To The Age No, I don't like the sound of "a de-Nazification campaign" or the idea of banning public display of the swastika ("No more swastikas: ban these symbols of hate", 12/8). The various examples of a "swastika epidemic" cited by Dvir Abramovich are regrettable, but hardly amount to evidence of "an unprecedented surge in anti-Semitism in our nation that is frightening in its intensity." Some of the acts may have been committed by hooligans and social pests, rather than political fanatics; and Australia is temperamentally impervious to Nazism. More seriously, a legal ban would symbolise a total rejection of Nazism. It would link up with the current de facto censorship of revisionist historians. We should not fight fanaticism with a new anti-intellectual repression. Allowing free discussion of tyrannous regimes does not mean support for the wrongdoings of those regimes; but it does respect the humanity of all concerned.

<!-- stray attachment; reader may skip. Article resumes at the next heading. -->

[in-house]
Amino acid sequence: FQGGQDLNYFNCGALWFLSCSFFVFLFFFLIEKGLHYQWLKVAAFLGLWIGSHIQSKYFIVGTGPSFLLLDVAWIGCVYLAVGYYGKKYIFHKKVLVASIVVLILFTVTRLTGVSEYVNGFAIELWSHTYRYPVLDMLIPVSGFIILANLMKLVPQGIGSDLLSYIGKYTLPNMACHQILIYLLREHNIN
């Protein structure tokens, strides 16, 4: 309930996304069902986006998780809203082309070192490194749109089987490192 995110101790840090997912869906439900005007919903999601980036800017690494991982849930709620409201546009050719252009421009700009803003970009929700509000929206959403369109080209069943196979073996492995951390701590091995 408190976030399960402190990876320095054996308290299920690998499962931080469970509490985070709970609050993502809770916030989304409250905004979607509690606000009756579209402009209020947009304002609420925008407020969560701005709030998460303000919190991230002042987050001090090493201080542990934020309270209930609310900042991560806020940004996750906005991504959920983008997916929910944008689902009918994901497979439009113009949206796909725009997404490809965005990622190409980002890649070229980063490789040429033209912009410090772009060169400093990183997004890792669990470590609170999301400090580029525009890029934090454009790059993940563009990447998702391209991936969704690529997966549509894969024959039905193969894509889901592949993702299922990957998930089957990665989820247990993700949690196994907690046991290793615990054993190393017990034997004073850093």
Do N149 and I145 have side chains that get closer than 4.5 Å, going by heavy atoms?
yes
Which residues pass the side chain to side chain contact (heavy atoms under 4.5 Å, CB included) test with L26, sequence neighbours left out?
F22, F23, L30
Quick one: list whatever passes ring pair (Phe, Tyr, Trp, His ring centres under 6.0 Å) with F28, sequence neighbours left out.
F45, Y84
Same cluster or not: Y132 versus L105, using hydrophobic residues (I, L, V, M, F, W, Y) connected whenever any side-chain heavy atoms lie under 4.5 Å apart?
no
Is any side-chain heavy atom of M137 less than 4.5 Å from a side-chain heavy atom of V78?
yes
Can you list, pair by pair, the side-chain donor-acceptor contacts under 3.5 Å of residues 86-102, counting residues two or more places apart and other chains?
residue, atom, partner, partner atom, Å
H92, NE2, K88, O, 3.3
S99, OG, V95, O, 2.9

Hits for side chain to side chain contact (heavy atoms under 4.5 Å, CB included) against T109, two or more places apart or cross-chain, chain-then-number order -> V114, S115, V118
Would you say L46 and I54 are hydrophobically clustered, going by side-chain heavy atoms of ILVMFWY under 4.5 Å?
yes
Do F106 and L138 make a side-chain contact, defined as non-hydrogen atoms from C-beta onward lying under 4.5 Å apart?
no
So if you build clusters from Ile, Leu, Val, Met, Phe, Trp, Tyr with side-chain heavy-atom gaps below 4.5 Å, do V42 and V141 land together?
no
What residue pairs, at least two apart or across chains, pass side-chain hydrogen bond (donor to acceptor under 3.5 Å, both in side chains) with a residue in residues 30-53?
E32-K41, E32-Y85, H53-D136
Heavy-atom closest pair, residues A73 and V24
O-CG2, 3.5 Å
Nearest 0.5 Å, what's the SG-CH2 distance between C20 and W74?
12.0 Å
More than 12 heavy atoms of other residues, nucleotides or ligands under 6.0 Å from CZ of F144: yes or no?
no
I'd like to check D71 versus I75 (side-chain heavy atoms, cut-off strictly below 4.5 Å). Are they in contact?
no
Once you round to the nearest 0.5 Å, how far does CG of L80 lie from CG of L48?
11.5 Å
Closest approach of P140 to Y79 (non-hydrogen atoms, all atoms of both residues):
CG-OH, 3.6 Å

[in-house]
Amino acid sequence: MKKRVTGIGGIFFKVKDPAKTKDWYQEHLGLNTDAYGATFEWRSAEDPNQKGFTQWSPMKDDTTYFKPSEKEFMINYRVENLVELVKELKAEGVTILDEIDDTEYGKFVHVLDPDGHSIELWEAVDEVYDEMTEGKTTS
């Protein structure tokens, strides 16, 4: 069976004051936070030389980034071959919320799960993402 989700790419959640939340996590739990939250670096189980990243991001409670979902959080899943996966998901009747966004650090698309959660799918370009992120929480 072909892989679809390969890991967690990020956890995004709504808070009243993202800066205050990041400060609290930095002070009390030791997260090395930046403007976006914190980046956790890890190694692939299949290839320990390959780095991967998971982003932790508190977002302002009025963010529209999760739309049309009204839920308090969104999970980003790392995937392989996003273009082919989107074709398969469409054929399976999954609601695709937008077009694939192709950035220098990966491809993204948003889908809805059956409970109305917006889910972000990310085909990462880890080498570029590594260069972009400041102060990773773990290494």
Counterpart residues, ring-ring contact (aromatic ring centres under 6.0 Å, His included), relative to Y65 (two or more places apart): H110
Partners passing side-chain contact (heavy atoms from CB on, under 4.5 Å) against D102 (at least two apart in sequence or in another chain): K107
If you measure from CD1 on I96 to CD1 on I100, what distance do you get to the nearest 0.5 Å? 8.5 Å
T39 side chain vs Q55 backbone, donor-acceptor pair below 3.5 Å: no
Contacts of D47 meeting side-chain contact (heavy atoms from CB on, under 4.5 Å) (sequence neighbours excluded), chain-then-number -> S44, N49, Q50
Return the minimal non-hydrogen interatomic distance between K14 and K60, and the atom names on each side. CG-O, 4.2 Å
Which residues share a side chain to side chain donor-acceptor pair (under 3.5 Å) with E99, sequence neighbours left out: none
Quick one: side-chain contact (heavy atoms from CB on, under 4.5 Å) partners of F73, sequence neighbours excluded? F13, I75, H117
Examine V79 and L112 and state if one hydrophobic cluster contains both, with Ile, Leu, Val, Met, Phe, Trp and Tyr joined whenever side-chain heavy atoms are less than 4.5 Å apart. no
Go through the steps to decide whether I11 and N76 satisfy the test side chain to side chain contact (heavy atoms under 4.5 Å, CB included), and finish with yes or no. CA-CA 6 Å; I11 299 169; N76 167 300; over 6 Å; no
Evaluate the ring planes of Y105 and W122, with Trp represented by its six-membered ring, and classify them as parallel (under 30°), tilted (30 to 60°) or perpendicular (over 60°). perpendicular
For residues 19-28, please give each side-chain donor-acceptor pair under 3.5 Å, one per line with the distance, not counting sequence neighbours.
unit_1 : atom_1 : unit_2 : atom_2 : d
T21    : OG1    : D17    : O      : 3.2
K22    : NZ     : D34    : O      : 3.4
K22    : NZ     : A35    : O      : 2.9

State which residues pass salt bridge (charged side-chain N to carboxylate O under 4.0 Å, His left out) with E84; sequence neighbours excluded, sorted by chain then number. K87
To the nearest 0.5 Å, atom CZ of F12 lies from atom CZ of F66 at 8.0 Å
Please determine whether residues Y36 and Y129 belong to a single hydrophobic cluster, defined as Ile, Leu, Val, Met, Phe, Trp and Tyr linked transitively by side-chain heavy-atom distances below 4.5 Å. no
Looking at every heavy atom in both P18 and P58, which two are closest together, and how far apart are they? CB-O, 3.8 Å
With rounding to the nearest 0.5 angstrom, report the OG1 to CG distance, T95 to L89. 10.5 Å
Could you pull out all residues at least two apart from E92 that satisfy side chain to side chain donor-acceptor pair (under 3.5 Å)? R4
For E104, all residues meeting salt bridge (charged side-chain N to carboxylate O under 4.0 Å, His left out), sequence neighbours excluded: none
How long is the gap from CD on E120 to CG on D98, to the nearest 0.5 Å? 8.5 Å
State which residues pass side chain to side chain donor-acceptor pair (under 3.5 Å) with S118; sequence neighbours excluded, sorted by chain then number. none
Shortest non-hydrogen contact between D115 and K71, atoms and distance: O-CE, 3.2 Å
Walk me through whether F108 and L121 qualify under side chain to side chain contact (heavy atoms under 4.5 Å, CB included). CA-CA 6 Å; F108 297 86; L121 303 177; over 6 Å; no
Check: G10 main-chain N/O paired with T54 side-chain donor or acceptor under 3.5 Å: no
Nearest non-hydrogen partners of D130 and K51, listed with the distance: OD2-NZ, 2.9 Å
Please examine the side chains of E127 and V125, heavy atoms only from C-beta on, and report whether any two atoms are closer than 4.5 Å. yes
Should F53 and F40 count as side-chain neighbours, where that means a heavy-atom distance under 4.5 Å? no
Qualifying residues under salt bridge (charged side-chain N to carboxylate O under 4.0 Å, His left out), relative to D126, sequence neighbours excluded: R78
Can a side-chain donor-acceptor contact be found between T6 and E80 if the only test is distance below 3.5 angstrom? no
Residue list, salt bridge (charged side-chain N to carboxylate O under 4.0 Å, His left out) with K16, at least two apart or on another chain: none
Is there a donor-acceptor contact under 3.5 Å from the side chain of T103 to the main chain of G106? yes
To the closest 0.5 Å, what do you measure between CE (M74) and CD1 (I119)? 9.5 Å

Nigel Jackson, Belgrave, Vic